To recap, in the last post I identified three ways in which we might understand information and its relation to the things (in terms of “about”):
1) “About” as “around” or information about things is located in a kind of abstract location where those things are.
2) “About” as “the subject of which” or linguistic conventions denote the connection between things and information about them.
3) “About” as “in reference to” or that thing is the source of the information that is about it.
Each of these different understandings offer various advantages and disadvantages in how we might understand information. The second definition is of particular note in that it meshes well with our previous observations: as information is transformable, by preserving linguistic notation in some way, no matter how many times it is translated into another language it will always be about the same thing. Also it does not matter where the information is located or through what medium it travels because it still notates what it is about through its linguistic conventions. For example, information about a tree in English would be expressed in a sentence that has the tree as its subject (the sentence has “the tree” or something along those lines in it) and even if this information is written in a different language or changes form (such as an English sentence turned into binary despite binary not having a “subject” properly speaking; as long as I understand the “rules” or linguistic conventions of binary I can figure out what the information is about) or is contained in a book or even on an Internet web page then the information continues to be about the tree.
But this relation between things and the information about them is only a weak connection. The first and third senses imply a much stronger connection, especially the third. For the third definition there is a kind of correspondence between a facet of the tree and the information about it: i.e. what information the tree can give is the information about it. This means that if something were to be unable to give certain information anymore then the information about it would change as well. How this would work, exactly, is questionable and there are a number of metaphysical and psychological implications in saying that a rock, for example, could be a source of information. It’s certainly harder to defend, but, if true, would have extraordinary consequences in how we view reality in general and our interactions with it.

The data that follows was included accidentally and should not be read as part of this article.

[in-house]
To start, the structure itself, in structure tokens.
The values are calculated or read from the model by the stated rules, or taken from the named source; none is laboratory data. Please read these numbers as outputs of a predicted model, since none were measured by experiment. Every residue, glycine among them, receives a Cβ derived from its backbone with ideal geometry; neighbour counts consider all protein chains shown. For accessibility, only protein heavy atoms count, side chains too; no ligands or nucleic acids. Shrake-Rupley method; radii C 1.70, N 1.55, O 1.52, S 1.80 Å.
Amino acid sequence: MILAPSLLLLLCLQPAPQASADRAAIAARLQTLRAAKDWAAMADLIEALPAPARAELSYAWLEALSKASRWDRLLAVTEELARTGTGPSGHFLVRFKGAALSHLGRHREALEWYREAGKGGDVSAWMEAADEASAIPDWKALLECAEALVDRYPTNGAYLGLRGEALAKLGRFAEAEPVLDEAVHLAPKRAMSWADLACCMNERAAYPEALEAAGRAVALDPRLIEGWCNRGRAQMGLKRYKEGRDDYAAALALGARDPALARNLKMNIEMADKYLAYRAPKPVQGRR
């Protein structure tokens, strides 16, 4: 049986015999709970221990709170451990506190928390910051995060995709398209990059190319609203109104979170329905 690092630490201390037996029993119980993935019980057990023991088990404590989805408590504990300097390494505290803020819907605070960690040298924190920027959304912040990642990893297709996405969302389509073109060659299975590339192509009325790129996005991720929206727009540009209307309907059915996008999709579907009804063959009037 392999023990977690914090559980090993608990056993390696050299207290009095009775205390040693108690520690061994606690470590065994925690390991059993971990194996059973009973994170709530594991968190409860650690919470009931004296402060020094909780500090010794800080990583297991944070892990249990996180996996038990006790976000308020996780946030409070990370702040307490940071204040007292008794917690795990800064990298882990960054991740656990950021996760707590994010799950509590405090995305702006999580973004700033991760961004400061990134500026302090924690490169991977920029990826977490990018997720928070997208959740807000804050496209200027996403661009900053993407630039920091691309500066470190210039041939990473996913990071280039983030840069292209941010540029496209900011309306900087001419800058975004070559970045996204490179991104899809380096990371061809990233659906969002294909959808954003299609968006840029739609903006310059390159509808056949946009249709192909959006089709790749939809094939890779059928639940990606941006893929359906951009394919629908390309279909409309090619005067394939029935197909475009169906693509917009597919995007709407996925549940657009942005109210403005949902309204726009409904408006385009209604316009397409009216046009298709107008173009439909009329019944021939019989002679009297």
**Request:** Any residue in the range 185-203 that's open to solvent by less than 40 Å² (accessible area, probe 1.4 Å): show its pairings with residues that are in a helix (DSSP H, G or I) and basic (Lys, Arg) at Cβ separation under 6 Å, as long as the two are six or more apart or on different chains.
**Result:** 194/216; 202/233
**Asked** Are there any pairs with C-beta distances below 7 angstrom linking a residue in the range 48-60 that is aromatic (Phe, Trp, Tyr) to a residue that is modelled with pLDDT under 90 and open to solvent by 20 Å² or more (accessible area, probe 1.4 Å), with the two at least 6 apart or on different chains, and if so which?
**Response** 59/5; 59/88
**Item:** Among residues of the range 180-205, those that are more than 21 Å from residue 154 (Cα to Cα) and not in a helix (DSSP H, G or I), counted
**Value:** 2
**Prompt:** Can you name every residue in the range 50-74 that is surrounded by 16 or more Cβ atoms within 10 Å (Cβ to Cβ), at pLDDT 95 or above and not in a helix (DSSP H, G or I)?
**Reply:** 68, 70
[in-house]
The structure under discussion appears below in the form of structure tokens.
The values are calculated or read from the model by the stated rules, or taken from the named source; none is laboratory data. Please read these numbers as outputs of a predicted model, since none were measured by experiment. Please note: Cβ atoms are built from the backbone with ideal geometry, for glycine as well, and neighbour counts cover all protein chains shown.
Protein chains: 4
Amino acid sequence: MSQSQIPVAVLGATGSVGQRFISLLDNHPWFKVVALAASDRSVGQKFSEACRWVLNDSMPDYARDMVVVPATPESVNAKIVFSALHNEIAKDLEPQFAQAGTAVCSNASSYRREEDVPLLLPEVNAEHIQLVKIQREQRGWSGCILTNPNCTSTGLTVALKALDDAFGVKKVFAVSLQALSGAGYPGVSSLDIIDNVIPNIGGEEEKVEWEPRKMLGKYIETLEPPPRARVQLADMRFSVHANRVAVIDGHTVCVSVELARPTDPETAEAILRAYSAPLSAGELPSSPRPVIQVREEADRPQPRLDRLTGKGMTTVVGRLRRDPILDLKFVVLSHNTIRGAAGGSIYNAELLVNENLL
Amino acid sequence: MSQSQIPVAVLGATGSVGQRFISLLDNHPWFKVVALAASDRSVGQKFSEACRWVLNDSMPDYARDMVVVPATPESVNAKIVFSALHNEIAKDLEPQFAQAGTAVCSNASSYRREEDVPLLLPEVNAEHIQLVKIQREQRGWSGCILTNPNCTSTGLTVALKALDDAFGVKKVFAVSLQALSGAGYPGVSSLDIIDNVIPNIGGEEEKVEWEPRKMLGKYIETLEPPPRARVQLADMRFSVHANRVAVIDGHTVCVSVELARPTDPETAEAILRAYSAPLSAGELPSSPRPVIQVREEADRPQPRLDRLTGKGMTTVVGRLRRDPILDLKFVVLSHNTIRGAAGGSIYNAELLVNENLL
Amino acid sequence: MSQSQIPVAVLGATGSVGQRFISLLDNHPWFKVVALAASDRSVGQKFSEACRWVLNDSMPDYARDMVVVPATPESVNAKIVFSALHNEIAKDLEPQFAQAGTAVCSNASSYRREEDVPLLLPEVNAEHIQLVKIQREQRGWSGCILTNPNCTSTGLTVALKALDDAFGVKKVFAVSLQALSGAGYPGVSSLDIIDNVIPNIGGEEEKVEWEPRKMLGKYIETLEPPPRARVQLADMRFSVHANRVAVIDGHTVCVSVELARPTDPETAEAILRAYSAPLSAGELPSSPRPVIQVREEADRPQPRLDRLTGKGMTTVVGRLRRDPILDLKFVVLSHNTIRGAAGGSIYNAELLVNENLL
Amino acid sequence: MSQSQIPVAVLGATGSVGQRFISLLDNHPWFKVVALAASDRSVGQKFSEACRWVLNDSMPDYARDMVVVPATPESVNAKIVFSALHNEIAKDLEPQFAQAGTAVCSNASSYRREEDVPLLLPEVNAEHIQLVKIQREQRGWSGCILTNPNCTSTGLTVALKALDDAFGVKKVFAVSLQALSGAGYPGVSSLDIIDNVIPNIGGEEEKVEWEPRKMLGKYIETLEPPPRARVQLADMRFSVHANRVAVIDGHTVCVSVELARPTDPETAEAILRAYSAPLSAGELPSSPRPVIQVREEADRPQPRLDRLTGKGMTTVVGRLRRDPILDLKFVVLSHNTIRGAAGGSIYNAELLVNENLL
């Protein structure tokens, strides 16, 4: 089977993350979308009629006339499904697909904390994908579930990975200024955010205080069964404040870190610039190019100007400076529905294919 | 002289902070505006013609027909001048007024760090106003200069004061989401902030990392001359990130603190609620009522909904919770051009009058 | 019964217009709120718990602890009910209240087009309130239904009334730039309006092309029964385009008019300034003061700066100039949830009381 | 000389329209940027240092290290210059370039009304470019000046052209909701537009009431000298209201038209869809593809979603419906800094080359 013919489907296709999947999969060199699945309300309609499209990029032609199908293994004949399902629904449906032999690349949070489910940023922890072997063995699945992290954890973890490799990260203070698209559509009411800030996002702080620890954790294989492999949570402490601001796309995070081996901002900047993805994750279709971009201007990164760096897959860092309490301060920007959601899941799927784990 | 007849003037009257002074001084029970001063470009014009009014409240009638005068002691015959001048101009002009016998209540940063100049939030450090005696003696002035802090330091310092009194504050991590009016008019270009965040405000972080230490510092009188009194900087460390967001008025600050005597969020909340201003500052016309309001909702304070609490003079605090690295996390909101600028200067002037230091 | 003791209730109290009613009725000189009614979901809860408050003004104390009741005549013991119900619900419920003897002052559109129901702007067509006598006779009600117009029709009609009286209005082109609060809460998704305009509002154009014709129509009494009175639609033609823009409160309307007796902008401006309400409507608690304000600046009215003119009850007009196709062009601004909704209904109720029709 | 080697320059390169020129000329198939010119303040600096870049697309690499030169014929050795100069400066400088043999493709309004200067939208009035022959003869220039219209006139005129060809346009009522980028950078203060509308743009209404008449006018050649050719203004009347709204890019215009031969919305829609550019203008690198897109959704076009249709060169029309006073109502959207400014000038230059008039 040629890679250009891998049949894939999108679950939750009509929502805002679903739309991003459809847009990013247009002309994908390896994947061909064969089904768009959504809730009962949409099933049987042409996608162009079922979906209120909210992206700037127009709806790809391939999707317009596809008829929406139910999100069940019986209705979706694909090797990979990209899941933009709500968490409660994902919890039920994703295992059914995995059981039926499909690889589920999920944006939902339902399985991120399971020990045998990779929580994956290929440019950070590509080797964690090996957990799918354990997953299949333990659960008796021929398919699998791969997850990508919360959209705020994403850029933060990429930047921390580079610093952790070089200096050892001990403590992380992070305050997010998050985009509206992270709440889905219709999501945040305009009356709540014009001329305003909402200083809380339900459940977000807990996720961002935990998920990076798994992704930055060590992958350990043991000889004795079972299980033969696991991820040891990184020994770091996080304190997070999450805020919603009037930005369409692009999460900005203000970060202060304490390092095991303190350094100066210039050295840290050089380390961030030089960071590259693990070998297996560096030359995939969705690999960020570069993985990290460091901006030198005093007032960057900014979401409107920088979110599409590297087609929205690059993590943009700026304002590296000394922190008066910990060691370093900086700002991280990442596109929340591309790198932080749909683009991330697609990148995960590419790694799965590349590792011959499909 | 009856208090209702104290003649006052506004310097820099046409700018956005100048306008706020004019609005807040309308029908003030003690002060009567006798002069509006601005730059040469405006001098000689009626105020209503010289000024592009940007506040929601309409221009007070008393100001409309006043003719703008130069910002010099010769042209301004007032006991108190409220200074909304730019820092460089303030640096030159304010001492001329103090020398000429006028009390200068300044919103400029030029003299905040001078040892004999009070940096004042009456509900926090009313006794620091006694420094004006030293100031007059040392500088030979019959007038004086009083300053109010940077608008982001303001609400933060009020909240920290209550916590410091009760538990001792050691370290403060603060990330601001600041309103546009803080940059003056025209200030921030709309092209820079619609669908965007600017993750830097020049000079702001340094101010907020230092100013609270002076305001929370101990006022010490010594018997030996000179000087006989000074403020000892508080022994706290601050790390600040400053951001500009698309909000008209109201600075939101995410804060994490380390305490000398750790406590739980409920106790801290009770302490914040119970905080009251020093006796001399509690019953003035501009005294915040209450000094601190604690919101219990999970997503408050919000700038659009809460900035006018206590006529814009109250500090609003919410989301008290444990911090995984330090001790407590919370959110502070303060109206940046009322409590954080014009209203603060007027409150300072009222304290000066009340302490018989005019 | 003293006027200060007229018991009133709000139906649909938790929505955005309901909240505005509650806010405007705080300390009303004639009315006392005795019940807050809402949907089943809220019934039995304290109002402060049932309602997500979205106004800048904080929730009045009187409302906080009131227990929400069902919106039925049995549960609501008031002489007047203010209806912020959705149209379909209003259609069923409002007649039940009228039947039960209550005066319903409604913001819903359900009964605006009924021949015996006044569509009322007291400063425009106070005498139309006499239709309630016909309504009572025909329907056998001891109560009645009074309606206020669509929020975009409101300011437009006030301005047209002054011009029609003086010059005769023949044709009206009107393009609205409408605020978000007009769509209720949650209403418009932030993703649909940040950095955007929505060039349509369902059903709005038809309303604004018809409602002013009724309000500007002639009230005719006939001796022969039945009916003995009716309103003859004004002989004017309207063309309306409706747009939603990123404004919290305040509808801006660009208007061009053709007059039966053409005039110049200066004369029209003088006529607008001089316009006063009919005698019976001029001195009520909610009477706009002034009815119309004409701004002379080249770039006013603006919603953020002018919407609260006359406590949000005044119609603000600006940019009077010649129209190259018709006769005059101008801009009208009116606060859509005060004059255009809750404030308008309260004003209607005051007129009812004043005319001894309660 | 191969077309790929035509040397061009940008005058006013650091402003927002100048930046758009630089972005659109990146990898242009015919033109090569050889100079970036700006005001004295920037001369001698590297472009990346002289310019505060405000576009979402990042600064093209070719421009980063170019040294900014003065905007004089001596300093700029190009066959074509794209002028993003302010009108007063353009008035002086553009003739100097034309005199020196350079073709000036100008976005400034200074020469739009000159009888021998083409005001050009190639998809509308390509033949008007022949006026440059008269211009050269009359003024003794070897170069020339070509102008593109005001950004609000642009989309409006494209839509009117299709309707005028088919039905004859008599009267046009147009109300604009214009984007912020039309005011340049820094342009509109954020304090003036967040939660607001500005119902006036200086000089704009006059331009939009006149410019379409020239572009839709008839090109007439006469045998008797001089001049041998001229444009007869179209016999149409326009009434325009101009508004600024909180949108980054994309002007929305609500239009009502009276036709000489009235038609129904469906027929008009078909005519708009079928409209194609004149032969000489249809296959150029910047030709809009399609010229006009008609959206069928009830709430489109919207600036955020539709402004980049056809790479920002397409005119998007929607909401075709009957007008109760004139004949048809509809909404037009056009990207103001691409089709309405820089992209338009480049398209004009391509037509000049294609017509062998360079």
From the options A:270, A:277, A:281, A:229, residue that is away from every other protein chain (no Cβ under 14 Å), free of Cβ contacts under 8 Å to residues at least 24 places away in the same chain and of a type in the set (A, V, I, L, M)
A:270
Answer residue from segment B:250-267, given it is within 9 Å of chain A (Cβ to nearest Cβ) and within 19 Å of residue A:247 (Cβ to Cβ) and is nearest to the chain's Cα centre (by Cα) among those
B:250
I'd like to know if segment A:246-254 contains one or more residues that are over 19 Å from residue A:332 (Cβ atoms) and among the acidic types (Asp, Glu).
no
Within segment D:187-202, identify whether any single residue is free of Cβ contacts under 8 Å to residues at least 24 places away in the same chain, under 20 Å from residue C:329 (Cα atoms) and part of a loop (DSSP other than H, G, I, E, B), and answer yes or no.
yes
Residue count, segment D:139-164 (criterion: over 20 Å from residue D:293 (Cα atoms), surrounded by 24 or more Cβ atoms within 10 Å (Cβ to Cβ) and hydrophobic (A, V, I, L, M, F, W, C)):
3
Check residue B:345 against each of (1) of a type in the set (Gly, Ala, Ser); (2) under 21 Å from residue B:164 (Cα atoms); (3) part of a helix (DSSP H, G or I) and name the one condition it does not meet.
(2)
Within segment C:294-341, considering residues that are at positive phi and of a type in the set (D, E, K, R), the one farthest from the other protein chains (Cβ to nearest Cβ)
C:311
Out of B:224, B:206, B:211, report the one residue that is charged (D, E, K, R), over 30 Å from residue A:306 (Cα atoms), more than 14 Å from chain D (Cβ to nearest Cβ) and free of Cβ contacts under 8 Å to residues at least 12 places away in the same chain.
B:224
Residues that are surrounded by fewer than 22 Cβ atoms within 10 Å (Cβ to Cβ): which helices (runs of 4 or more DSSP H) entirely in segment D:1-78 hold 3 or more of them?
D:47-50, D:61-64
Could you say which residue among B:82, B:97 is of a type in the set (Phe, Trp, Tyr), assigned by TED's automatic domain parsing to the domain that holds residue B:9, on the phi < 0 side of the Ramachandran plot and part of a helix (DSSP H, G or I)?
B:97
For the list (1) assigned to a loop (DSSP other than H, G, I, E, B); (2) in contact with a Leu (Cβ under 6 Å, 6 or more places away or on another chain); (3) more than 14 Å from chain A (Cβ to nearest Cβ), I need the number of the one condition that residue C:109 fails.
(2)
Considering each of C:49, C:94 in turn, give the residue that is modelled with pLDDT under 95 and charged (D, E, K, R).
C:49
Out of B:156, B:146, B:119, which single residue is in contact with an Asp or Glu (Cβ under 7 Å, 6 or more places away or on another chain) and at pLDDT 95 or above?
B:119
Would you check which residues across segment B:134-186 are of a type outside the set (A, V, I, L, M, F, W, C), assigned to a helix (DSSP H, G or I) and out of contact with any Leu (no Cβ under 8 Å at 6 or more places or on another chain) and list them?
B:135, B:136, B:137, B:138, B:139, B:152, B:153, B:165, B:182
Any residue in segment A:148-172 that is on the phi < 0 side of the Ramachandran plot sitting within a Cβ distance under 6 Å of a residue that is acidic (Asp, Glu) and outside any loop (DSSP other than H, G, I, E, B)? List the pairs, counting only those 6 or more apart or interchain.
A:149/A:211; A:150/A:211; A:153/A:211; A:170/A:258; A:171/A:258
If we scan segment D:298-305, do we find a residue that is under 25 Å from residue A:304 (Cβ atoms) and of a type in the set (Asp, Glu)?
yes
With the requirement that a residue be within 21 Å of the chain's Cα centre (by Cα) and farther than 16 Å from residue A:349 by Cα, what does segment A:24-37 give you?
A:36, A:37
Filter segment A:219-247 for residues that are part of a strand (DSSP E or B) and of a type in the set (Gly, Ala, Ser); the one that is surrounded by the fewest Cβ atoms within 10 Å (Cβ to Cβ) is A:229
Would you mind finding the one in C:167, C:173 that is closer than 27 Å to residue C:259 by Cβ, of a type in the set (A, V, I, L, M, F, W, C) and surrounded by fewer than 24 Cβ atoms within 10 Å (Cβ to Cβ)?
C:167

That aside, it is worth noting that there is an apparent contradiction between the second and third senses of “about”: it is possible to express information about something in the second sense despite the information not coming from the thing itself. Say there were only two trees in existence: one in North America and one in Asia. Anyone could come up with the sentence “the tree in Asia has leaves” to describe that particular tree and that would be information about the tree in the sense of the second definition, but because they didn’t reference the tree to form that sentence it couldn’t be said to be about the tree in the sense of the third definition. Likewise, we could also have information about a tree in Europe even though such a tree doesn’t exist. But this is not to say that these two understandings are mutually exclusive: we do act as if we can reference something to list information about it, and in cases where we do the linguistic conventions of that information will be about that thing; even if I referenced the hypothetical tree in Asia (assuming this is possible) to come up with the sentence “the tree in Asia has leaves”, “the tree in Asia” still denotes the tree that that information is about.
In this light it appears that the third sense of “about” is the weaker of the two.